Aston Villa. . .1
THEY are calling it the Open Championship - and there is still no sign of a Faldo in the clubhouse. The swings and turnabouts of the race for the inaugural Premier League title demand that the only new year prediction worth countenancing is that the chase will continue to be unpredictable.
Aston Villa, the bookies' favourites, were expected to sweep aside a mixed-up Manchester City, but, by the end, as waves of blue attacks flowed towards Nigel Spink's goal, they were relieved to leave Maine Road with a point.
'I don't consider us favourites,' the Villa manager, Ron Atkinson, said. 'There are other teams with better qualifications than us. I don't know who they are though.'
This mediocrity in an age of uncertainty is partly explained by the nature of the Premier League itself - money. Clubs simply cannot afford to take their hands out of the honey-pot; relegation would cost millions, so teams fight even harder to stay in contention. With three points for a win, resurgent sides can regain security quickly.
Steve McMahon is well placed to judge the contenders, having won three championship medals at Anfield. 'One week people are saying Arsenal and Villa are in with a chance, then Liverpool are coming good, but then they got stuffed today,' City's forceful midfielder said. 'The League is upside down.'
McMahon was crucial in orchestrating City's comeback after they had fallen behind in the first half to Garry Parker's nimbly struck volley, the majesty of which was tarnished only by the feeling that Dalian Atkinson should have been flagged offside in the build-up.
Parker had eclipsed McMahon in the first half, the England B international displaying the full range of his playmaking talents before the watching Graham Taylor. 'Not one of their midfielders stays in one position,' McMahon, a former Villan, said. 'Garry Parker likes to break while Kevin Richardson sits a bit, Ray Houghton roams and Dwight Yorke comes in off the line. If you give them time to play, they will pass the ball all day.'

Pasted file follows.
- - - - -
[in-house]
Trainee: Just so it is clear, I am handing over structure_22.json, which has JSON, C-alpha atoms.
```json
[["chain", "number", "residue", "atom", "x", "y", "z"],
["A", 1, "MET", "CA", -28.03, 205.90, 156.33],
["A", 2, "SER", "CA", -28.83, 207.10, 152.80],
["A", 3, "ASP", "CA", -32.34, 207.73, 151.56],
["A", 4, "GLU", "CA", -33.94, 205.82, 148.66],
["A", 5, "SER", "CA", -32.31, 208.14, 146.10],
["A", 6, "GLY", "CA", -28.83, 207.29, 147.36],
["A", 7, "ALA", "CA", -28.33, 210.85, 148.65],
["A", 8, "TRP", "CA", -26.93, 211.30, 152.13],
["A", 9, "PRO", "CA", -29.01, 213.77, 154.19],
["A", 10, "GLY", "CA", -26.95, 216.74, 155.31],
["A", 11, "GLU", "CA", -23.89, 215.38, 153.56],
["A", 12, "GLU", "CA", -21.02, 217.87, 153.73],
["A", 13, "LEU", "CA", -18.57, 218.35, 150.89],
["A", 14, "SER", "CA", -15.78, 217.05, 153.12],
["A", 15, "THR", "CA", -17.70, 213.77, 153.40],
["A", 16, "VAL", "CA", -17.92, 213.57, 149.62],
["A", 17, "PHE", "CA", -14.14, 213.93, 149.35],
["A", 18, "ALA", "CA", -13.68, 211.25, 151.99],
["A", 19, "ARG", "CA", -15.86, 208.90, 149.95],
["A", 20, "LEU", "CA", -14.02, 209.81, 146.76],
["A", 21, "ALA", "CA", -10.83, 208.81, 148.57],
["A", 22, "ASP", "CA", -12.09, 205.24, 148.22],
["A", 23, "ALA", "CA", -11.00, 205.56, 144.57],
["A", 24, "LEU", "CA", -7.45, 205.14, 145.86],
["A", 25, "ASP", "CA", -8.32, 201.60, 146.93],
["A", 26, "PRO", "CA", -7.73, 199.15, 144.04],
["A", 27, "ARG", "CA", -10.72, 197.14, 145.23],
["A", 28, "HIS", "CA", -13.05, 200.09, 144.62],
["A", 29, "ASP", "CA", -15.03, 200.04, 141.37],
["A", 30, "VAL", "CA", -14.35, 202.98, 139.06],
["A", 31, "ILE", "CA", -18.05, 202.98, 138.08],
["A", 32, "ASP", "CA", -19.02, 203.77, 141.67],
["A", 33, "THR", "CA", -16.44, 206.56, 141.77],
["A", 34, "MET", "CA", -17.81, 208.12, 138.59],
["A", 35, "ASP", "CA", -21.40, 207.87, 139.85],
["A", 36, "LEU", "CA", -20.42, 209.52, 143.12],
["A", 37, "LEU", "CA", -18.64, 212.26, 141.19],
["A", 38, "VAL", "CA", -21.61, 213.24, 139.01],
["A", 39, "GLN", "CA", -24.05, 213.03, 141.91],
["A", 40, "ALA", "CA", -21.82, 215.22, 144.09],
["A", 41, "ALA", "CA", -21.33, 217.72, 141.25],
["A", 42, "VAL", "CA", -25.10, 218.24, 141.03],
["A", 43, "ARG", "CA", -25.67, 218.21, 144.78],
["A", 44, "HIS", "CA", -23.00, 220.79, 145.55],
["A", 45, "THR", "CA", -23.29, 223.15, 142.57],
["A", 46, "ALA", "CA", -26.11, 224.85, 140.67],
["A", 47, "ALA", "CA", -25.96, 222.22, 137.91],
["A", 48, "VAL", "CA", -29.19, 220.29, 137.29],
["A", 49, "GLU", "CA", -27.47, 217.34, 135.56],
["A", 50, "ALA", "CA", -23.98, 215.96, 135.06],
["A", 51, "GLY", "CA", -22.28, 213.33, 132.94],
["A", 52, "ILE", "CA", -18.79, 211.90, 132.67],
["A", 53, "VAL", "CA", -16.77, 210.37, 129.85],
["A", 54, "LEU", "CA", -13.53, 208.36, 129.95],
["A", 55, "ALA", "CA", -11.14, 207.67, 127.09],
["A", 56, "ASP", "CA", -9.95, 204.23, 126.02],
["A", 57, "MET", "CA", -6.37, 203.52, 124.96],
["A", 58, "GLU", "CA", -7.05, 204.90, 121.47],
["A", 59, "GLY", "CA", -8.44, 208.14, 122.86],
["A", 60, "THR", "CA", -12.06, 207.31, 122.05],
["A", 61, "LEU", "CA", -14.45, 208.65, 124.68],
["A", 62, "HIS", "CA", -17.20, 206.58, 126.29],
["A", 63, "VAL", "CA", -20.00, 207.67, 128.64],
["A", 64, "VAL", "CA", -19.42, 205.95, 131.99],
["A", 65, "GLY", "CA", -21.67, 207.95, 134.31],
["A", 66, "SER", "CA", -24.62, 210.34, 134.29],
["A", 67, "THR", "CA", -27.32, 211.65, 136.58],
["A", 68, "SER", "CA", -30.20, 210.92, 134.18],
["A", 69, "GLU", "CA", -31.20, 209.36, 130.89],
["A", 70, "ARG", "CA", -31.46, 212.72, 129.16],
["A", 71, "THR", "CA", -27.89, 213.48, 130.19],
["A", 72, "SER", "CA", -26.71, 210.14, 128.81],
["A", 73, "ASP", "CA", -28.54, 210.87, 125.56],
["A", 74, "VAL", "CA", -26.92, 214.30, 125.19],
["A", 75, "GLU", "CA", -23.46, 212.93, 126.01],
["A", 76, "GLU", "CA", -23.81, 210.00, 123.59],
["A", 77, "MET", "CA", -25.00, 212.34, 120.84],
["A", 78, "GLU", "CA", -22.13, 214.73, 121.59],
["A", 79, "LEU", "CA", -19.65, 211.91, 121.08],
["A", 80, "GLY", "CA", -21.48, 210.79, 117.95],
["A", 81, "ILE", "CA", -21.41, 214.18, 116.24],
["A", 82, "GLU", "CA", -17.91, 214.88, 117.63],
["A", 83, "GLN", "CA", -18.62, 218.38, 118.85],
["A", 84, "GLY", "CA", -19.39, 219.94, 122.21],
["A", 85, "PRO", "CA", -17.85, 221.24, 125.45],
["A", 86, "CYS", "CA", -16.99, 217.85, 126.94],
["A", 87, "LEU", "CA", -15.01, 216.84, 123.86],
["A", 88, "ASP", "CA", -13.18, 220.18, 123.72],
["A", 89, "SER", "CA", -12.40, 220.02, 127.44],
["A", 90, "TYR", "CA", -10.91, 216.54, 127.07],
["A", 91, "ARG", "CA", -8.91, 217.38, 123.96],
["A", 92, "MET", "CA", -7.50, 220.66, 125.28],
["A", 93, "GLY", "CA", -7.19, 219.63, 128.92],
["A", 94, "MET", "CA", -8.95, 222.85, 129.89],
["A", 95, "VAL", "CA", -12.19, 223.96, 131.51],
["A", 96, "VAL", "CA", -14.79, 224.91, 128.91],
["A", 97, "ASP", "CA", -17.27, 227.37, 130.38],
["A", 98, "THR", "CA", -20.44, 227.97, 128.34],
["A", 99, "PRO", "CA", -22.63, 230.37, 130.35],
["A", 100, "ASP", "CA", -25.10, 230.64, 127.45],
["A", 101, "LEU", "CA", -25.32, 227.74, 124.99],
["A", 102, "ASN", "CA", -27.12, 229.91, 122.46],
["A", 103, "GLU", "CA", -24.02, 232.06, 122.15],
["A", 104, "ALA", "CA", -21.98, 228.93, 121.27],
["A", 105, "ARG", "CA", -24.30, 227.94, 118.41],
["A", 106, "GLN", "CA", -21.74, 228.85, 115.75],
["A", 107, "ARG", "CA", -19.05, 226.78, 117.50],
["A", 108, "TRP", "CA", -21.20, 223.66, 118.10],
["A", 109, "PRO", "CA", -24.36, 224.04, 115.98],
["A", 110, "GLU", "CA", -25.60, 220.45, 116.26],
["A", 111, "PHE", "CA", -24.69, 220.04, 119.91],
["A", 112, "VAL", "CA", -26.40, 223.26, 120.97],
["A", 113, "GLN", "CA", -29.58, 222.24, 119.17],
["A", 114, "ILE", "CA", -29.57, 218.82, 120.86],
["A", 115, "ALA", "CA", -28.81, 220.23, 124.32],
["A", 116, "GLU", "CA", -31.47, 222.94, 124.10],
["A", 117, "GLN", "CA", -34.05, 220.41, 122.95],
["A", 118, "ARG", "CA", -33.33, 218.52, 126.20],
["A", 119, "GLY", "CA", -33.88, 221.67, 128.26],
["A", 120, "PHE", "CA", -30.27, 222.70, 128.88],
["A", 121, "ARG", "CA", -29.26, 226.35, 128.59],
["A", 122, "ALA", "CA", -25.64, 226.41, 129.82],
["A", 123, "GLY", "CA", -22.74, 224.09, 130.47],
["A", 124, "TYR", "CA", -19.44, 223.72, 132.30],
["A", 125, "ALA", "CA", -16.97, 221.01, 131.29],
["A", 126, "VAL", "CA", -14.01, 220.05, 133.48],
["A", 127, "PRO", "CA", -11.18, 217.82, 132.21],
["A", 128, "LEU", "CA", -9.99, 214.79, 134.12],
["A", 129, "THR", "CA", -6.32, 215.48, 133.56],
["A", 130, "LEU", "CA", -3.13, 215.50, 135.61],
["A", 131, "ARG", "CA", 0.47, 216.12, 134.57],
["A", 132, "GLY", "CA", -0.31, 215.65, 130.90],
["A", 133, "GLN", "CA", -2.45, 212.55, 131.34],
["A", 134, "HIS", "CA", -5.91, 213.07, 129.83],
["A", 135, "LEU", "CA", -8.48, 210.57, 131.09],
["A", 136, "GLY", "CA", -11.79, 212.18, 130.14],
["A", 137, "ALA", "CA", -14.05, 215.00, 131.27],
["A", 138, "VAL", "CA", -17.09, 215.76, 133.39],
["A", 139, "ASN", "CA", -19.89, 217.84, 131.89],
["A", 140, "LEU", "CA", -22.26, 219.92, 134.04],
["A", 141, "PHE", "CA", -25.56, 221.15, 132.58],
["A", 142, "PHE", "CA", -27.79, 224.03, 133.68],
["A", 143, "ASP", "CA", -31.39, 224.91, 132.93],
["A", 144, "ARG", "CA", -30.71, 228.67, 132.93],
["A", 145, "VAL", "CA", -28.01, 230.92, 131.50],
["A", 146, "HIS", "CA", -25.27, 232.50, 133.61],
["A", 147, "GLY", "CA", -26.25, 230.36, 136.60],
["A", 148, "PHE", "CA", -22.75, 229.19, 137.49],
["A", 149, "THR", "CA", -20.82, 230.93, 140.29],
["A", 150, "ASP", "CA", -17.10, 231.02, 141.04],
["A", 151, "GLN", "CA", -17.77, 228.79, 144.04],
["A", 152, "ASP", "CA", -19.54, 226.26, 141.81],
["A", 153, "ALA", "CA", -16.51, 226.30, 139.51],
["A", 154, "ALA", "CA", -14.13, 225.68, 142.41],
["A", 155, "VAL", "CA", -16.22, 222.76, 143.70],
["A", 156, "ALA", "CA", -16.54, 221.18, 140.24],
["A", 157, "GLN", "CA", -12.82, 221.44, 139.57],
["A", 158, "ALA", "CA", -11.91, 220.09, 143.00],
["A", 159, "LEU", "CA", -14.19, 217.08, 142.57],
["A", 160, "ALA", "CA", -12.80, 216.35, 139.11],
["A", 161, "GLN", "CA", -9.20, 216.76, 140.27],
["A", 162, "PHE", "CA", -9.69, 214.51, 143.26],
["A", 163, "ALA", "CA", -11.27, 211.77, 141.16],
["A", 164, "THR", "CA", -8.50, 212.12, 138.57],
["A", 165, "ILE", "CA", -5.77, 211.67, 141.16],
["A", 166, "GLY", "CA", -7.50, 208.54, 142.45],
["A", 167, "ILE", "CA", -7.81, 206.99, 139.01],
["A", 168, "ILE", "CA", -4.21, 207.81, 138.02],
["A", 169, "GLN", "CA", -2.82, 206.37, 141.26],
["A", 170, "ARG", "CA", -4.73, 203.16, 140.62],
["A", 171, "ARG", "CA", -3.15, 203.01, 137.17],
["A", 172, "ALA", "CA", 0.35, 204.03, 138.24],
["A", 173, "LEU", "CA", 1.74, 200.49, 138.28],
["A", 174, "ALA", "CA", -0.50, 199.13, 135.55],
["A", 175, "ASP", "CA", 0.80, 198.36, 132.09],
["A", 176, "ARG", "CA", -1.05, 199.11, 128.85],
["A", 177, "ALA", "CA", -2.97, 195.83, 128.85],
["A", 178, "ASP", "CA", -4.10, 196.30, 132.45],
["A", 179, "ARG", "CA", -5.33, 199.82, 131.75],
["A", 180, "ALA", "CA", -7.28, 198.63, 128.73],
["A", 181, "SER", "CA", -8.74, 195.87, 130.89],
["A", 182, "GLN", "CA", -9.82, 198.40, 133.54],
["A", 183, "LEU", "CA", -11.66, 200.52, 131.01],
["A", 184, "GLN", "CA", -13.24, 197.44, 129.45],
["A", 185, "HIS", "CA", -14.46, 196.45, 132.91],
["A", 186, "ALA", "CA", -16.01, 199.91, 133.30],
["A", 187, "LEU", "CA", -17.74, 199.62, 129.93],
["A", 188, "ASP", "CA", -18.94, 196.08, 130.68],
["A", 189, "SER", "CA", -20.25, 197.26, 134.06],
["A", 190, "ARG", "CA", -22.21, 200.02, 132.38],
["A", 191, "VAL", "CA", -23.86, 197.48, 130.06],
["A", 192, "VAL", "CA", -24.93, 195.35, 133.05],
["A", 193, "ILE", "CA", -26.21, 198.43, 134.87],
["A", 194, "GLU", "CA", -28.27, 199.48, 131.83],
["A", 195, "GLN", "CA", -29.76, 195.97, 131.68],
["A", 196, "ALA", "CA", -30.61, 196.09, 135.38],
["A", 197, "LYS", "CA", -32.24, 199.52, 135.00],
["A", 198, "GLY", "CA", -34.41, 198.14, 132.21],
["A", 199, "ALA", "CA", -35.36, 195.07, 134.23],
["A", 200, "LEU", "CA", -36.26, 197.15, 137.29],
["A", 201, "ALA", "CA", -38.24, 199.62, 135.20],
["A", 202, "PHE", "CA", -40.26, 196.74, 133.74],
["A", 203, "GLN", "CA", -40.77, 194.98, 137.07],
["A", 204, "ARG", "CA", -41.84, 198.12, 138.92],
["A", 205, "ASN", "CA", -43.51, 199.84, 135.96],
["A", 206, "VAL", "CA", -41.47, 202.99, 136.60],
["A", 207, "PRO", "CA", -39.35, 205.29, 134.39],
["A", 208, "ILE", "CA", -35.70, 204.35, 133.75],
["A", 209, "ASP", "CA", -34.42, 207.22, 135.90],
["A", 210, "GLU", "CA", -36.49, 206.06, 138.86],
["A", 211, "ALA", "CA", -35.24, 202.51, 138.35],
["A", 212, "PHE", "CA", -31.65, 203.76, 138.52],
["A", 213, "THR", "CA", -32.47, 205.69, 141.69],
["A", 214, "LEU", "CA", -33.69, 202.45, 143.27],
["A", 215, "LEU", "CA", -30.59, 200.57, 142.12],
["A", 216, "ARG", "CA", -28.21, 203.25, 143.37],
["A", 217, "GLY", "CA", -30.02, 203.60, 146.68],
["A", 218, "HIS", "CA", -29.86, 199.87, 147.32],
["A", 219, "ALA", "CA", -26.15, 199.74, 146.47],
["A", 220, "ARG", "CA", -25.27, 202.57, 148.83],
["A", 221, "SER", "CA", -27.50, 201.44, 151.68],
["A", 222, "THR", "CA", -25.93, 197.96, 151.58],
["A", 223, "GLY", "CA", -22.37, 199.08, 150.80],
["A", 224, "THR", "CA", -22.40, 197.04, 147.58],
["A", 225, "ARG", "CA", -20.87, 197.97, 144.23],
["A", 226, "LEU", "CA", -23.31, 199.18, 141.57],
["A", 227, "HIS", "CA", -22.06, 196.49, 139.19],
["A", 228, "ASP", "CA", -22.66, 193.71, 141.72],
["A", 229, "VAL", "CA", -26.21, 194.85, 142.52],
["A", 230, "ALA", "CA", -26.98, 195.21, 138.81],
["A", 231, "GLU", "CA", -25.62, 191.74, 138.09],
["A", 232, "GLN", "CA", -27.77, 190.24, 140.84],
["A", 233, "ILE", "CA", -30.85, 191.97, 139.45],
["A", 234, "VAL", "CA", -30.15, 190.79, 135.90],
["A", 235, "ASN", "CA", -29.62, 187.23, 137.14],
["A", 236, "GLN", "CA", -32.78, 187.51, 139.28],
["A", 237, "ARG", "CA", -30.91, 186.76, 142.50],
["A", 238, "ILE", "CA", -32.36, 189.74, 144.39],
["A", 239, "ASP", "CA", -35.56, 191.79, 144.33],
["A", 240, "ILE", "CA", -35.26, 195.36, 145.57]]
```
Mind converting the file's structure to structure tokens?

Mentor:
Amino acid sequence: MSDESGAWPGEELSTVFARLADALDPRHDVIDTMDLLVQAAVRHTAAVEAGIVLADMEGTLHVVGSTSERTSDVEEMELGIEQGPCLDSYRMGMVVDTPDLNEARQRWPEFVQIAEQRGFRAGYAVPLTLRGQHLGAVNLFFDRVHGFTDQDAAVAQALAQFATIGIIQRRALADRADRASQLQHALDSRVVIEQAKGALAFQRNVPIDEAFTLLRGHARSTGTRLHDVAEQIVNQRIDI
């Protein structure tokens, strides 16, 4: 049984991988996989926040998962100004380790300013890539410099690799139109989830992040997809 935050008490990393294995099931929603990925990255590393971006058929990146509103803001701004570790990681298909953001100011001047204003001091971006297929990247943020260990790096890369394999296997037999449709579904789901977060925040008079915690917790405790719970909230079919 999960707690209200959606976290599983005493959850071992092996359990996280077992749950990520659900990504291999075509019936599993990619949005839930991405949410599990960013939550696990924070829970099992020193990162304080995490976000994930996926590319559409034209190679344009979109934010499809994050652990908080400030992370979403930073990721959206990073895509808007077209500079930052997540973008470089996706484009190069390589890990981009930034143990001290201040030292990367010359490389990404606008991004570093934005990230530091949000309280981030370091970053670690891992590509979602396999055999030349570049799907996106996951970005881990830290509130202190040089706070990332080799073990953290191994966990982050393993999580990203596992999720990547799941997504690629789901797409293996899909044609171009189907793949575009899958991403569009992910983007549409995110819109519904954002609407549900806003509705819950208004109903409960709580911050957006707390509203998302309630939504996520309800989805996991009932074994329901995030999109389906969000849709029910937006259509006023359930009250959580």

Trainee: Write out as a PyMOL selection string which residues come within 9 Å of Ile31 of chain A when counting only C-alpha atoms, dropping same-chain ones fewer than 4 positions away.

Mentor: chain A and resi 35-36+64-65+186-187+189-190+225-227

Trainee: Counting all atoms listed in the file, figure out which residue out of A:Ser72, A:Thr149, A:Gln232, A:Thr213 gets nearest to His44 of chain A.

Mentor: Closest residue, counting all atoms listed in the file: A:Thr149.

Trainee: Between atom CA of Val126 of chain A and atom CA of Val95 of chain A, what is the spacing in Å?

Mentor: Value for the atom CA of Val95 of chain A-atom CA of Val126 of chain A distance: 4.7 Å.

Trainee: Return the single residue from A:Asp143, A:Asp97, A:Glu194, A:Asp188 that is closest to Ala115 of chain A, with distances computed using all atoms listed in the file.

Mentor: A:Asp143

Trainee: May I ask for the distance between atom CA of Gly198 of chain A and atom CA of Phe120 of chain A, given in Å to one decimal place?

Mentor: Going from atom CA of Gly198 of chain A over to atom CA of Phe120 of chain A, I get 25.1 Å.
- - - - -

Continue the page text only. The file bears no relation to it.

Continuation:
McMahon disrupted Villa's flow after the break, underpinning City's revival by corralling Parker and allowing Garry Flitcroft to flit forward. Flitcroft, born in Bolton 20 years ago, is an excellent prospect and scored his second goal in successive games by arriving late and unmarked in the box to convert Ian Brightwell's right-wing cross.
Flitcroft started the game on the right, but City became a far more rounded and threatening unit when he moved inside to his preferred central station alongside Mike Sheron, Peter Reid's replacement, while McMahon dropped deep. With their midfield purring, City finished the stronger, probing every opening and nearly scoring through Sheron and Niall Quinn.
Much of Villa's menace disappeared when Dalian Atkinson limped off on the hour with a recurrence of a groin strain which will require further treatment this week. 'We missed his ability to hold the ball,' Ron Atkinson said. His team now tackle Coventry, the League's latest surprise package, and Arsenal over Christmas when, no doubt, the Premier picture will become even muddier.
Goals: Parker (35) 0-1, Flitcroft (58) 1-1.
Manchester City: Coton; I Brightwell, Phelan, McMahon, Hill, White, Reid (Sheron, 58), Quinn, Flitcroft, Holden. Substitutes not used: Simpson, Margetson (gk).
Aston Villa: Spink; Barrett, Staunton, Teale, McGrath, Richardson, Houghton, Parker, Saunders, Atkinson (Breitkreutz, 60), Yorke. Substitutes not used: Cox, Bosnich (gk).
Referee: R Bigger (Croydon).Reuse content